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I have been interested in nature for most of my life but since I retired I spend as much time as I can exploring the nature reserves and wildlife hotspots of my adopted home, Dorset in southern England. Whilst out I record what I see and take snaps where I can (I am no photographer!) and that forms the basis of my Nature of Dorset website. When I find something new I like to research it and write about it in my nature notes, it is how I learn and hopefully you might find my notes helpful as well!

This website is for the people of Dorset interested in wildlife and for people from elsewhere interested in the wildlife of Dorset!

25 March, 2015

Moschatel: the town hall clock | Nature Notes from Dorset

Spring in deciduous woodlands, before the leaf canopy forms and darkens the woodland floor, is a time when the most flowering plants can be found in this habitat. Many only grow in such woodland and are often indicators that the wood itself has been continuously present on that site for many hundreds of years. One such flower is moschatel (Adoxa moschatellina), the only member of the adoxaceae family in the whole world.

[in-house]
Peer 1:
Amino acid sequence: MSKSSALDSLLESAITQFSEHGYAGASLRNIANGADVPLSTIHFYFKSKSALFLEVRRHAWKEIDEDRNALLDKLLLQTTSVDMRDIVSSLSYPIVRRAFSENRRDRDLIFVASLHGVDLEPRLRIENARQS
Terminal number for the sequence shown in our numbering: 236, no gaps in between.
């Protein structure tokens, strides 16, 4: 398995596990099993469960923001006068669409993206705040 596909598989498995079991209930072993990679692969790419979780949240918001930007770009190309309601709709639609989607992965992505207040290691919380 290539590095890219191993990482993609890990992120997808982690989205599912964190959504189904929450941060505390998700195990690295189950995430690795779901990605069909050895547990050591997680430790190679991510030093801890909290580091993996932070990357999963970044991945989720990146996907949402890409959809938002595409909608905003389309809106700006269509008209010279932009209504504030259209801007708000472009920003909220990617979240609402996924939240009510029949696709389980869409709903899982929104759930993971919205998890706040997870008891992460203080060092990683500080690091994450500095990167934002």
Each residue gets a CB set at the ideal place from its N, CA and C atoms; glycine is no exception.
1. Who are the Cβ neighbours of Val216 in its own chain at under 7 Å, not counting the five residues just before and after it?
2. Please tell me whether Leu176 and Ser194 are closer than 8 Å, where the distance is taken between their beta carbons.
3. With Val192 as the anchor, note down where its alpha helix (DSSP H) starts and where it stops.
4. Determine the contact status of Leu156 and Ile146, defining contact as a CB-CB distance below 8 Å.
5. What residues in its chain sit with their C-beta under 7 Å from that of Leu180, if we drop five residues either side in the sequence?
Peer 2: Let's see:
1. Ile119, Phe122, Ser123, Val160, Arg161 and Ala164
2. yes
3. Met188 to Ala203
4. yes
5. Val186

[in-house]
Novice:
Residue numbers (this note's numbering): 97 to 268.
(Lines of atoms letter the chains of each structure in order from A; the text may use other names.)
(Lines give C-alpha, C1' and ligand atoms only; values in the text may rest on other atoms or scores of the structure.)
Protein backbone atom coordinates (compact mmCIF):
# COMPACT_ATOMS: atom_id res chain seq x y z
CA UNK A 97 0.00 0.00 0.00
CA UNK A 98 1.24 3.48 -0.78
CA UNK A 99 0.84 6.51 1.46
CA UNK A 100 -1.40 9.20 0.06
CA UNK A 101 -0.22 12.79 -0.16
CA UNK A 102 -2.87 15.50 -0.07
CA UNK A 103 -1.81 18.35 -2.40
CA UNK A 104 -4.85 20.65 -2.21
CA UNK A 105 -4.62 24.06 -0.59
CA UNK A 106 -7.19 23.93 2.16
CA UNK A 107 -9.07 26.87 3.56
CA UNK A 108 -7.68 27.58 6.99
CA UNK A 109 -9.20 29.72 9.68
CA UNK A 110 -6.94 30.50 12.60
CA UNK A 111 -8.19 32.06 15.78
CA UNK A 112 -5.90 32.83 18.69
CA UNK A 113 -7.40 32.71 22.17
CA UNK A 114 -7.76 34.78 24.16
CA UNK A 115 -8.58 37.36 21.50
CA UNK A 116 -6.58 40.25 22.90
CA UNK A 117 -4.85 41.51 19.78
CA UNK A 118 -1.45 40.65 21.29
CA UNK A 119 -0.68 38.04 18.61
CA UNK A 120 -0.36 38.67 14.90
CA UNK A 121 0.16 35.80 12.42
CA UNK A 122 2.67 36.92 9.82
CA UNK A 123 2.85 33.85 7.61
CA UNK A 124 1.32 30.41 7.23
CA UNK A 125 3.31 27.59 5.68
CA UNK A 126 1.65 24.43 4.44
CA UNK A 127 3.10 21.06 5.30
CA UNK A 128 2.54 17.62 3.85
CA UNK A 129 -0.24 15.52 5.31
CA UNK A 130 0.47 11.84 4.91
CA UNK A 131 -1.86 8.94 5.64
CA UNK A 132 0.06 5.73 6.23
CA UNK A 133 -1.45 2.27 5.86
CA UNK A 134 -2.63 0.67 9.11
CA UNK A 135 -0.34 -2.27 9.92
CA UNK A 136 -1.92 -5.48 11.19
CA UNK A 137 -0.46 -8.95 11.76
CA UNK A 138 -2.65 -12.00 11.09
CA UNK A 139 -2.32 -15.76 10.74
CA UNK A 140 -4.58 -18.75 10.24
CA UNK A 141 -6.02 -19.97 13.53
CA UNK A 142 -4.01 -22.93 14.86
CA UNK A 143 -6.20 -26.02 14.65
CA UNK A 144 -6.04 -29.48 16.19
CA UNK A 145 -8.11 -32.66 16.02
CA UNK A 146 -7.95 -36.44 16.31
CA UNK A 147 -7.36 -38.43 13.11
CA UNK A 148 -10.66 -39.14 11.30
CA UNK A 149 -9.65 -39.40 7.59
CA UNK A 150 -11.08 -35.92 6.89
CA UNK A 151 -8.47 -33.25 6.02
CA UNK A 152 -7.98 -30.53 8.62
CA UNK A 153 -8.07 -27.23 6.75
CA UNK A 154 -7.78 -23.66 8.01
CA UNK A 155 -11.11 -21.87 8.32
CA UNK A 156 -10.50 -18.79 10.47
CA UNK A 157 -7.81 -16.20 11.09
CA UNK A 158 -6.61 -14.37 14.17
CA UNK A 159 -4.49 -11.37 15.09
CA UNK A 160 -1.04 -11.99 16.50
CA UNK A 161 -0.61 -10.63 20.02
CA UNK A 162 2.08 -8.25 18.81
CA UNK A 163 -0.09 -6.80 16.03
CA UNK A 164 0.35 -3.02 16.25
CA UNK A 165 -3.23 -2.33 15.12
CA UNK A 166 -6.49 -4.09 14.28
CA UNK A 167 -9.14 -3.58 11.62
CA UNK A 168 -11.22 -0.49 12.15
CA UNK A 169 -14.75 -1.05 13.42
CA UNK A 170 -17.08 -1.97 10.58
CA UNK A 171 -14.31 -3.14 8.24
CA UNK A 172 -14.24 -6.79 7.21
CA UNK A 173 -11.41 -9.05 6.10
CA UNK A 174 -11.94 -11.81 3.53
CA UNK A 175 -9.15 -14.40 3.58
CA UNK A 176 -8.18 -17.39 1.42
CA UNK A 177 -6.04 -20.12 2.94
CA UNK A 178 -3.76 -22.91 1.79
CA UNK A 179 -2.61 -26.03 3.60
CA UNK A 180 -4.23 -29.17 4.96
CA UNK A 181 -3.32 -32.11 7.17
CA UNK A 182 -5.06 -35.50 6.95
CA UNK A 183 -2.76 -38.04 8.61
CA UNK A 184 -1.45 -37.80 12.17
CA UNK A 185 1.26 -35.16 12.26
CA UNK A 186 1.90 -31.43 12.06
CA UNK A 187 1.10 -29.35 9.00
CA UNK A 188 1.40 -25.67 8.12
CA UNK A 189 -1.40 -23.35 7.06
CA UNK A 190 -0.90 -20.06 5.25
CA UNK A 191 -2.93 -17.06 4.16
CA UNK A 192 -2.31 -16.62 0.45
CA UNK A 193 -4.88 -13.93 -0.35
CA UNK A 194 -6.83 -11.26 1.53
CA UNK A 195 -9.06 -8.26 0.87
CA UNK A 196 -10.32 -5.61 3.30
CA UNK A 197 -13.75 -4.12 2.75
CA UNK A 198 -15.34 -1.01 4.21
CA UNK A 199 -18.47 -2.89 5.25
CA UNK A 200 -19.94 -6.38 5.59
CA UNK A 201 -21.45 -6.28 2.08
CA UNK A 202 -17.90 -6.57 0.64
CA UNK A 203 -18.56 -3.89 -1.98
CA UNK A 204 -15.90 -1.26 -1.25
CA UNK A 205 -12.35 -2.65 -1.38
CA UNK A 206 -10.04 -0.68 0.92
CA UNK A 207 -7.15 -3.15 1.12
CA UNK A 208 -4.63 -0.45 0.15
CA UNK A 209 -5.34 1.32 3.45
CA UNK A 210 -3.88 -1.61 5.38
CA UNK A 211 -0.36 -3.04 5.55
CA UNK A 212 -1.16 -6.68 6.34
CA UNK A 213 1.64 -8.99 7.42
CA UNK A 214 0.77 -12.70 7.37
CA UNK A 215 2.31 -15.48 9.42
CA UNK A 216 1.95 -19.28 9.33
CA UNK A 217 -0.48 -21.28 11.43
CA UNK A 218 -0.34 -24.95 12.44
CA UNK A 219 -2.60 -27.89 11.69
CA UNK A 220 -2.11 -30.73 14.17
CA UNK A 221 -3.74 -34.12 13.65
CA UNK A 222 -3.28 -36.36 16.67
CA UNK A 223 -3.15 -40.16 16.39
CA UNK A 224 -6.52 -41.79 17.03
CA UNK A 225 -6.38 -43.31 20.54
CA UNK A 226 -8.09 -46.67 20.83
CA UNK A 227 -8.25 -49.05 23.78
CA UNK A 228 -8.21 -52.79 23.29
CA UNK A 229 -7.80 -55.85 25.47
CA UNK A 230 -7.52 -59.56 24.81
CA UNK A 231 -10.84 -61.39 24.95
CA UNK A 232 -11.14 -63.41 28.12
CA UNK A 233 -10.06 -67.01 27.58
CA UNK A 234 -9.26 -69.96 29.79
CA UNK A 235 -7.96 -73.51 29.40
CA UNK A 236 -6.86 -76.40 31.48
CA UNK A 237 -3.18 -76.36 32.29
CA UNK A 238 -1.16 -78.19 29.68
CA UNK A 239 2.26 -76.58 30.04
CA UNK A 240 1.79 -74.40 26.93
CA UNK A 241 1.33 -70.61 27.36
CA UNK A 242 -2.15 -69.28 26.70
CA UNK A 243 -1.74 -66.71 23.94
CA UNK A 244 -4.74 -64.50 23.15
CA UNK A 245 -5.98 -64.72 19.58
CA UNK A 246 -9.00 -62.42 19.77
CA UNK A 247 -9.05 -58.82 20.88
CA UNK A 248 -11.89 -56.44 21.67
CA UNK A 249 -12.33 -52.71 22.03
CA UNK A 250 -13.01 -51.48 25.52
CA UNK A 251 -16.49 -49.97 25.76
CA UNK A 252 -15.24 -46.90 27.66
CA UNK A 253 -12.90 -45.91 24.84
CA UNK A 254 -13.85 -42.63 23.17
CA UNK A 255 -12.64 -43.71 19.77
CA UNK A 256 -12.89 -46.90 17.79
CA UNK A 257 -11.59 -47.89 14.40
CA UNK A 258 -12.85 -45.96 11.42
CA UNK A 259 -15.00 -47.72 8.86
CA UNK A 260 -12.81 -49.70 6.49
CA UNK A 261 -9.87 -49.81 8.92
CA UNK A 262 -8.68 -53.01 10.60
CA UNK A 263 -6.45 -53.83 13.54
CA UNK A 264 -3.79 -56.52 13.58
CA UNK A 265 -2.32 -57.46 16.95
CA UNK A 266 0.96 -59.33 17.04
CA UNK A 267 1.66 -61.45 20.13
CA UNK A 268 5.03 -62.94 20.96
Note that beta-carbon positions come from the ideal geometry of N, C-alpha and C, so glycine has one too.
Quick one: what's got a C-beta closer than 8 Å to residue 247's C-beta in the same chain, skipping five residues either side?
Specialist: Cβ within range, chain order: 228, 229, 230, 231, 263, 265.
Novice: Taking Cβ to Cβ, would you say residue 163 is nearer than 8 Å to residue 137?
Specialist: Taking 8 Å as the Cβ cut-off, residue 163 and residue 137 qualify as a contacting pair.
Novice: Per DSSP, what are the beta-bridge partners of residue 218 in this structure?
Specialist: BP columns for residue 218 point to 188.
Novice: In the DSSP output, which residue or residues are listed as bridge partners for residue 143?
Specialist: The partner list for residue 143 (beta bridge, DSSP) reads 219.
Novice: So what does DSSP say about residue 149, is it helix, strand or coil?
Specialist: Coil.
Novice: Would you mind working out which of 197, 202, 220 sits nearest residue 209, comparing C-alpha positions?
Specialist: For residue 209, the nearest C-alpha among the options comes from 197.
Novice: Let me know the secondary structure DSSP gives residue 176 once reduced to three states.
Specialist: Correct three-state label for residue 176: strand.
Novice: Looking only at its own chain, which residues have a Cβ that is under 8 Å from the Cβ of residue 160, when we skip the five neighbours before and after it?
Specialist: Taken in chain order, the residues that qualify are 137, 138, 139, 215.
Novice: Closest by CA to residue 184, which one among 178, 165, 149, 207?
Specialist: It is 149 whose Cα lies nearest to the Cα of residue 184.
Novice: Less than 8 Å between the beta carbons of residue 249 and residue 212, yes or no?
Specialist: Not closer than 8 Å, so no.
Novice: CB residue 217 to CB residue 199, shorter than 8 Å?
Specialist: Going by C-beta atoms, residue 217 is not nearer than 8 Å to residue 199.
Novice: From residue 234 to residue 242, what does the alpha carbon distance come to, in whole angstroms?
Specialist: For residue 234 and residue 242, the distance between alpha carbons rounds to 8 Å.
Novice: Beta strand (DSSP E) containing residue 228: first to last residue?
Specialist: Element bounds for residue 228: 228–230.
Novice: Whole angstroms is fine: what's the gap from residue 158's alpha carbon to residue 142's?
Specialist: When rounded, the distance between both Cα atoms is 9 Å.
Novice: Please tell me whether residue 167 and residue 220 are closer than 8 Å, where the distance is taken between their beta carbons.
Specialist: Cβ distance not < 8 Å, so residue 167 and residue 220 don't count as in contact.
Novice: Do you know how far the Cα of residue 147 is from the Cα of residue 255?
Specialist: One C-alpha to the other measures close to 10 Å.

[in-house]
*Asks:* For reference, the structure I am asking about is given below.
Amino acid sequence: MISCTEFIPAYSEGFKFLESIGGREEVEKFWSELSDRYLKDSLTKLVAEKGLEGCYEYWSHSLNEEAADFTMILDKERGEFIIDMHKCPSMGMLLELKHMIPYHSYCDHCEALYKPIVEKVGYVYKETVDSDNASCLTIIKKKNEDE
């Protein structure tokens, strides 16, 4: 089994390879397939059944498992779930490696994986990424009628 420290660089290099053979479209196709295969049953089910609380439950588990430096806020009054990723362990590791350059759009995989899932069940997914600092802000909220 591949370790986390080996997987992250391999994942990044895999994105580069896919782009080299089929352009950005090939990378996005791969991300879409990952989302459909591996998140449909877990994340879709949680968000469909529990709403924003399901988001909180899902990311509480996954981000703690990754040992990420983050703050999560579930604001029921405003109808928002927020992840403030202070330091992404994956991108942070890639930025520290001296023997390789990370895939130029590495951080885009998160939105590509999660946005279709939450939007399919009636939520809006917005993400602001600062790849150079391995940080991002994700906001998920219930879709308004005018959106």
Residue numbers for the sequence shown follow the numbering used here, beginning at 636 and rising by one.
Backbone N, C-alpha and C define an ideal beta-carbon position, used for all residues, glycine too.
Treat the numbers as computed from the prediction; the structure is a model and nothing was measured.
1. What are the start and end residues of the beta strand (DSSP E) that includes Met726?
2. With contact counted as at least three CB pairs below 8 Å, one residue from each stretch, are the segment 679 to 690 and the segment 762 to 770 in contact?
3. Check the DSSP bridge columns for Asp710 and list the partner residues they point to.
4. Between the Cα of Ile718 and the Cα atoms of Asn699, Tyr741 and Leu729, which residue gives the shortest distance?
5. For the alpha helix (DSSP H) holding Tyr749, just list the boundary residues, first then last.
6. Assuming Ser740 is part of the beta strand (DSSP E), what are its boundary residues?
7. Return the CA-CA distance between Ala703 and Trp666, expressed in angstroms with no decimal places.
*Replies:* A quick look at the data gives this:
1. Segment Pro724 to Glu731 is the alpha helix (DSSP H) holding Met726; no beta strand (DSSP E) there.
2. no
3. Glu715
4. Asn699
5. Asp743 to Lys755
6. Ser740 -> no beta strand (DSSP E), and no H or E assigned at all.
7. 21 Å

Moschatel forms carpets of green, five lobed leaves. From amongst these leaves the flower stems rise up and at the top of each stem five small greenish yellow flowers form; one points upwards and the other four face outwards at right angles to each other like the four faces of a clock tower which is the origin of its familiar name, the town hall clock. 

Read more: Moschatel: the town hall clock | Nature Notes from Dorset